White Sox winning fair share of close games
Ventura likes how club has performed in tight contests
CHICAGO -- If the White Sox were to pull off the seemingly implausible and find their way to the postseason, they could present themselves as a pretty serious playoff challenge.
Any team with Chris Sale at the top of the rotation, followed by Jeff Samardzija and Jose Quintana, becomes a tough group to face in a short series. But the White Sox also have had plenty of experience in close games, which become the norm rather than the exception when the best of the best compete toward a World Series title.
Entering Sunday's series finale against the Orioles, the White Sox had 43 of their 78 contests (55.1 percent) decided by two runs or fewer. They have a 17-14 record in one-run games and a 6-6 mark in games decided by two.
Those 17 one-run wins are tied with the Cardinals for second in the Majors behind the Cubs' 19.
"Part of that is you like playing close games because you get a chance to win," said White Sox manager Robin Ventura. "You figure out your team in close games, and I think the guys responded yesterday great. You end up losing a two-run lead and come right back to score."
Ventura was referring to Manny Machado's two-run homer off Zach Putnam in the eighth Saturday to erase a two-run advantage, only to have J.B. Shuck deliver a pinch-hit double in the bottom half of the frame to score the go-ahead run. Avisail Garcia's amazing catch to take a homer away from Chris Davis preserved the close win in the ninth.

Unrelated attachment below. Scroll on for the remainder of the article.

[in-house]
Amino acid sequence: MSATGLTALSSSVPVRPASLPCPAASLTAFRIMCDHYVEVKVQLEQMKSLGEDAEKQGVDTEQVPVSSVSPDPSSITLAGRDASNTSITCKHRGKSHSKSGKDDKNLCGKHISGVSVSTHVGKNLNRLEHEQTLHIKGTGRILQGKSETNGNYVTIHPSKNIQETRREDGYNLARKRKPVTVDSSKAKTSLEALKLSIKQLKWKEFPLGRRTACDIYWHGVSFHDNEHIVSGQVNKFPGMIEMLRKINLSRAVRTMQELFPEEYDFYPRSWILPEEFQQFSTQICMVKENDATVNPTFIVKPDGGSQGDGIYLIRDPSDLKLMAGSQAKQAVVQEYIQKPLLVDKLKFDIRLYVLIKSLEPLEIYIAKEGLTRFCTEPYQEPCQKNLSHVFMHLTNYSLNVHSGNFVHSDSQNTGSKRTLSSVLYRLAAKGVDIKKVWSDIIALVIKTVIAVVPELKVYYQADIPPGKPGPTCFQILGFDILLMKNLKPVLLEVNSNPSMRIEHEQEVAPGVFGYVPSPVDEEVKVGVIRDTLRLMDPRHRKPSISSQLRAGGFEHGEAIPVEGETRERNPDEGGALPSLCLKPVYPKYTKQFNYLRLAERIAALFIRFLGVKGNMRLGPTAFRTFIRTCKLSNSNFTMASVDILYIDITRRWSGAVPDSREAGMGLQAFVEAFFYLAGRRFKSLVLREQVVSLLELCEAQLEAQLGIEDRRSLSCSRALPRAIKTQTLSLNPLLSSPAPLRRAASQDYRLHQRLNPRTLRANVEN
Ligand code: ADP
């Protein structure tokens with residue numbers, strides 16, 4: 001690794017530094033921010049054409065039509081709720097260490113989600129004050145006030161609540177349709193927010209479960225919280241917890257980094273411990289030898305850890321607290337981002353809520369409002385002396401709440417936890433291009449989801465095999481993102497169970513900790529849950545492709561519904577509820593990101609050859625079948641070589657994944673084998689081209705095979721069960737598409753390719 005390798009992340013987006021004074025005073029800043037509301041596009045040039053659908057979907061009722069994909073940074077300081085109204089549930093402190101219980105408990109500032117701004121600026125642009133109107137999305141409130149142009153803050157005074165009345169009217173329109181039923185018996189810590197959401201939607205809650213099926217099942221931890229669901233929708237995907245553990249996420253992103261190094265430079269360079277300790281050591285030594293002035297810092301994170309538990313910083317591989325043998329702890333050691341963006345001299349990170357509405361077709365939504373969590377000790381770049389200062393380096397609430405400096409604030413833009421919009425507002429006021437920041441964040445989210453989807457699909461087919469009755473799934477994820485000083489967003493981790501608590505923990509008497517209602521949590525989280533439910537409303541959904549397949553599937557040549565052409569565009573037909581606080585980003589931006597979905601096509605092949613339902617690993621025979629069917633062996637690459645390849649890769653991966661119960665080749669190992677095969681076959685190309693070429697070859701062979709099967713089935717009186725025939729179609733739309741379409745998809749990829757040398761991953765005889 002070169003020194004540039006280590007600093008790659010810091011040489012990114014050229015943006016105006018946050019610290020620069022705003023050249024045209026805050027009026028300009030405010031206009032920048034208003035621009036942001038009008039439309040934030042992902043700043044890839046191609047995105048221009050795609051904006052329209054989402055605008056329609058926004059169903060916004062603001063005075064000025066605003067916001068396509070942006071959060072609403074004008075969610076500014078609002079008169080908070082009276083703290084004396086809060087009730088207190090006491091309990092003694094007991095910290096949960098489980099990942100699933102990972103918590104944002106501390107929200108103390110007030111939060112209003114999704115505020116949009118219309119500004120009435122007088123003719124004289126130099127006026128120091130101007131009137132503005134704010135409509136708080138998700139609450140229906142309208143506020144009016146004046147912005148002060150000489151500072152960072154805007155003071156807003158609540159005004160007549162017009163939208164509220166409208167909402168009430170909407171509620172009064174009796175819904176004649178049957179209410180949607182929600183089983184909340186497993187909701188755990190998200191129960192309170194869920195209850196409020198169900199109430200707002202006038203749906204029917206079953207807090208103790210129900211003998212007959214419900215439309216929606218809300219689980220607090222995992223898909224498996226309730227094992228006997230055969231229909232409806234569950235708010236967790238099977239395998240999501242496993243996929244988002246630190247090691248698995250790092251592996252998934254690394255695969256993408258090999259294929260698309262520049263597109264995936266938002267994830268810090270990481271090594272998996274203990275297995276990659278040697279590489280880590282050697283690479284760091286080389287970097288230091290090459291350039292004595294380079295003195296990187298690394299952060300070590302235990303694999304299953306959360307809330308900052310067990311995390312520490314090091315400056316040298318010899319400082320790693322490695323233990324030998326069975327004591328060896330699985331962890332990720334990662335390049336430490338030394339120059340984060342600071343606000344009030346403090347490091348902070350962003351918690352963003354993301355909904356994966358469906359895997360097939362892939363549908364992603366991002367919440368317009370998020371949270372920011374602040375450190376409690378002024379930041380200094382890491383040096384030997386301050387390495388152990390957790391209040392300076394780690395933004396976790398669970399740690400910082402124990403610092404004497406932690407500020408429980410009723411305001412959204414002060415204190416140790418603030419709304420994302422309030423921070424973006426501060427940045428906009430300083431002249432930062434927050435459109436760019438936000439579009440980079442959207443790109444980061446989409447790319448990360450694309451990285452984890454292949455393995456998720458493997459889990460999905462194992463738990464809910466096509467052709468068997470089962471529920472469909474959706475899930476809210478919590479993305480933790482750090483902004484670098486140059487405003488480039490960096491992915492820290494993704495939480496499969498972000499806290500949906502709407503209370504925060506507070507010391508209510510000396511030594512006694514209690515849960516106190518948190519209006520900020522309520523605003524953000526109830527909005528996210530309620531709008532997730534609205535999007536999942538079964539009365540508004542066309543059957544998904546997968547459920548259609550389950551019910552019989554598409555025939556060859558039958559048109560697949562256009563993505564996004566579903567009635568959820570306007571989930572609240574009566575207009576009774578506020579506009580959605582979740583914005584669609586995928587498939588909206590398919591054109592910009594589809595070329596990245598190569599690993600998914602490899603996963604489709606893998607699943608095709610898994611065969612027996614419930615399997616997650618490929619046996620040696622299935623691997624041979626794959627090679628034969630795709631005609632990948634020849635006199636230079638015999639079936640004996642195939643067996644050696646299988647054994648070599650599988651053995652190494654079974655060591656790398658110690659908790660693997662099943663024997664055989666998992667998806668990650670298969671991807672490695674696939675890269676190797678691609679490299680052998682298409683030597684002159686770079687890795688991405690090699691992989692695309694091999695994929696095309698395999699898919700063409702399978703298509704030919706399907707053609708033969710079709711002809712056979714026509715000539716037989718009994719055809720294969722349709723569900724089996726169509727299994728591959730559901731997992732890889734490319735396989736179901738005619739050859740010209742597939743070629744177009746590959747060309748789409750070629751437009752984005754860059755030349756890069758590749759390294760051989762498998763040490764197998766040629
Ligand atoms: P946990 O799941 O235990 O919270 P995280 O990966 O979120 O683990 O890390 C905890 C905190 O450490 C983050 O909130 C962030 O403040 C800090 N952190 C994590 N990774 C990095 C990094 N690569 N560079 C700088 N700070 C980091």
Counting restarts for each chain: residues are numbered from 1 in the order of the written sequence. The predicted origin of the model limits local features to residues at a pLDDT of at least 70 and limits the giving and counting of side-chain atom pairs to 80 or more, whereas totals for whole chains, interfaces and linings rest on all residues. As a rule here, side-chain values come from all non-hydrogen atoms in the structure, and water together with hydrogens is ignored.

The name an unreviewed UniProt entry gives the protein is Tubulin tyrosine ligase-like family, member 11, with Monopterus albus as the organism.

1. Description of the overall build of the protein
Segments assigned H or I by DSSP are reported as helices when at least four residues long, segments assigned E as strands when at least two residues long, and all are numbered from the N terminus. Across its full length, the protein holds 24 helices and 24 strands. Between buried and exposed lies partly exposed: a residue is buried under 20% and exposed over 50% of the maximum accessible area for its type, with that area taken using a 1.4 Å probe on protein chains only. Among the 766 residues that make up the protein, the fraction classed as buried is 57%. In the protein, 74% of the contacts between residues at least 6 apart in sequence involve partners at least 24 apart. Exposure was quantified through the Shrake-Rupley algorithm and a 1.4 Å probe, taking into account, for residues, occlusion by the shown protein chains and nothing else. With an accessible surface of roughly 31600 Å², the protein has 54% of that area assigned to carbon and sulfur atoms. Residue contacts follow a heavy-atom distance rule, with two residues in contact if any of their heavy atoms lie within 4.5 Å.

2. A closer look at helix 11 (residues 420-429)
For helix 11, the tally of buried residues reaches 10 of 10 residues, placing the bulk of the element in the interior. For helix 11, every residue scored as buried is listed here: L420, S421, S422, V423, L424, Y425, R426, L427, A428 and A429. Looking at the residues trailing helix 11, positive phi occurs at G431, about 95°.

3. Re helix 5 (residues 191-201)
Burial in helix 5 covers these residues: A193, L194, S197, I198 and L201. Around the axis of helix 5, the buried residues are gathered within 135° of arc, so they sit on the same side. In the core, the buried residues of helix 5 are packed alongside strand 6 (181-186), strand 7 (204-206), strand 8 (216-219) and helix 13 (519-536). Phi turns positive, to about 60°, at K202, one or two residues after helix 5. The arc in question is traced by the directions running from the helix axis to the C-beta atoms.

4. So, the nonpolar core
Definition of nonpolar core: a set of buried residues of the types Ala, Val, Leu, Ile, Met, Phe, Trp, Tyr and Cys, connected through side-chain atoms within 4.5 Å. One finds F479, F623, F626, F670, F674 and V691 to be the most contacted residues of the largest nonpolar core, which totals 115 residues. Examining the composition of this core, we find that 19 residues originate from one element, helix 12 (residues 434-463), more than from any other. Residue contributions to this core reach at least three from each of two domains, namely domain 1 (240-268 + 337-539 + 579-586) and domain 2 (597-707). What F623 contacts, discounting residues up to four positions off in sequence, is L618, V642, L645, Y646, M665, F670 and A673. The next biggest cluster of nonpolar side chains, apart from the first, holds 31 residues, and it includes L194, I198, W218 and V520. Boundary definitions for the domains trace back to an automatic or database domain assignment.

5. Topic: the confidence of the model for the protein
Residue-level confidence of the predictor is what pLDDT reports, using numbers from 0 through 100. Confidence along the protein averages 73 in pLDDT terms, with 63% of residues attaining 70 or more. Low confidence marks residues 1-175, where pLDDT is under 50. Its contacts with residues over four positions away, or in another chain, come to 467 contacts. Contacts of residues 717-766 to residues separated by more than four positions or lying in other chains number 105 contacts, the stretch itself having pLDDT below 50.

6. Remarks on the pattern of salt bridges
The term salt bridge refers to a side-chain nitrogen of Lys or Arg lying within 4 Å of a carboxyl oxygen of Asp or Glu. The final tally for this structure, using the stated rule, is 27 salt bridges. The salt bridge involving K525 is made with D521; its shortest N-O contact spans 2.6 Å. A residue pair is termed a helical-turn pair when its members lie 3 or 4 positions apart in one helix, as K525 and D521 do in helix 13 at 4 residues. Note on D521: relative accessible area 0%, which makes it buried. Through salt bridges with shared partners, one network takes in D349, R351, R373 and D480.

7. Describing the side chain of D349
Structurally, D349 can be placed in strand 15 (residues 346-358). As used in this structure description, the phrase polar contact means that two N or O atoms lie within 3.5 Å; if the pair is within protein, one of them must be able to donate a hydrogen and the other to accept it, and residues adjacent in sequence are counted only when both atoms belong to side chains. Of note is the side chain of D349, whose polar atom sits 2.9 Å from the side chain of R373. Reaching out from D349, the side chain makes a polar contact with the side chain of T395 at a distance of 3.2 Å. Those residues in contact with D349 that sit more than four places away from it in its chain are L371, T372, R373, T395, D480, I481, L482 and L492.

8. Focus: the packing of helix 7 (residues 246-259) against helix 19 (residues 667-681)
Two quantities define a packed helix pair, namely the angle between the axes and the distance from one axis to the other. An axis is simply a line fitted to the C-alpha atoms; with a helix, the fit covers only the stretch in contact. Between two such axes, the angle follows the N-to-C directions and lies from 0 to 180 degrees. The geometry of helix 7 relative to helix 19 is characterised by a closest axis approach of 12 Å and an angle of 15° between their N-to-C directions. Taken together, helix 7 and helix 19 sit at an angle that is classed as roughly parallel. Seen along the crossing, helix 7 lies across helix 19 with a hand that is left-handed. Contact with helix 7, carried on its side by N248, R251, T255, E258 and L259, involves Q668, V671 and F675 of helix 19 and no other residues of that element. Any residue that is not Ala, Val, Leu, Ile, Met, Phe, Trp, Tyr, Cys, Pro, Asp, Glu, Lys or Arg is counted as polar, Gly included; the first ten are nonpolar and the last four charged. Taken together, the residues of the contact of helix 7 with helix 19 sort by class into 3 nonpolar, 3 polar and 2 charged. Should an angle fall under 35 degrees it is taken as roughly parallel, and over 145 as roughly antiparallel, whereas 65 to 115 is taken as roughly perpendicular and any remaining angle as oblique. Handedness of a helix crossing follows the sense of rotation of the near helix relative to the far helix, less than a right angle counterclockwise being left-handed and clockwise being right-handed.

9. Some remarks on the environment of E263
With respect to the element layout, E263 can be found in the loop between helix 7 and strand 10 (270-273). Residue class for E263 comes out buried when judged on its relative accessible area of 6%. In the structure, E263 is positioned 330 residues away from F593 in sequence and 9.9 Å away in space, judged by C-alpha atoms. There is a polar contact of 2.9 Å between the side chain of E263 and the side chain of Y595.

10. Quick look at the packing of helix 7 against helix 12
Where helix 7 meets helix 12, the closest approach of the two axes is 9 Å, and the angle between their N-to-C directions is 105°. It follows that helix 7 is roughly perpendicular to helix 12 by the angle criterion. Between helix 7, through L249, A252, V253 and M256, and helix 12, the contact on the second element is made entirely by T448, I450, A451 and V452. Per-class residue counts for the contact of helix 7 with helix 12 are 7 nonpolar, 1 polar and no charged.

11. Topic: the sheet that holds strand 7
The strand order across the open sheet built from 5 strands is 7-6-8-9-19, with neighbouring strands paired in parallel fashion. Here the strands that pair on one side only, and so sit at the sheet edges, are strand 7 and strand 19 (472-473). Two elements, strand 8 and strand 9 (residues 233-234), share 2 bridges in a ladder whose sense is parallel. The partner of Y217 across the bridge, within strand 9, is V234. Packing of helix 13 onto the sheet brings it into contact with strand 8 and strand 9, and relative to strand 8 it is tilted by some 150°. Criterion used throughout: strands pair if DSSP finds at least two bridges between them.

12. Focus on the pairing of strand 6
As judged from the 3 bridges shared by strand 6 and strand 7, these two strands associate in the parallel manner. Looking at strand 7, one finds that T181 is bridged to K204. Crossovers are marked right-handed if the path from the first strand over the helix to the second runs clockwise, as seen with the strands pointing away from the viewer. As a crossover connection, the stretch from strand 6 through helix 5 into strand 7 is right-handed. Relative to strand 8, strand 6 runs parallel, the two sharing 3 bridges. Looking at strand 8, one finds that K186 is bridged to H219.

Playing in so many close games becomes a function of the White Sox having strong pitching combined with an offense that has underachieved. Those close games also can wear down a bullpen early, leaving Ventura to make decisions such as staying away from Jake Petricka late on Saturday and not using David Robertson for more than one inning.
"In close games, you are always sitting there trying to use the same guys over again," Ventura said. "You have to be able to mix in Put and [Daniel Webb] and [Dan Jennings] and make sure you use those guys, but it's hard. Your starters are going deep into the game and then you basically have two innings left to get it done."
One-run contests also highlight the pass/fail nature of the bullpen situation. And it's not just a closer who deals with that sort of dynamic, as shown on Saturday.
"Being in the bullpen is a lonely place, especially if it doesn't go well," Ventura said. "If we have a five-run lead, it doesn't quite burn and feel the same. Close games will do that. There's not a lot of room for error when they come in."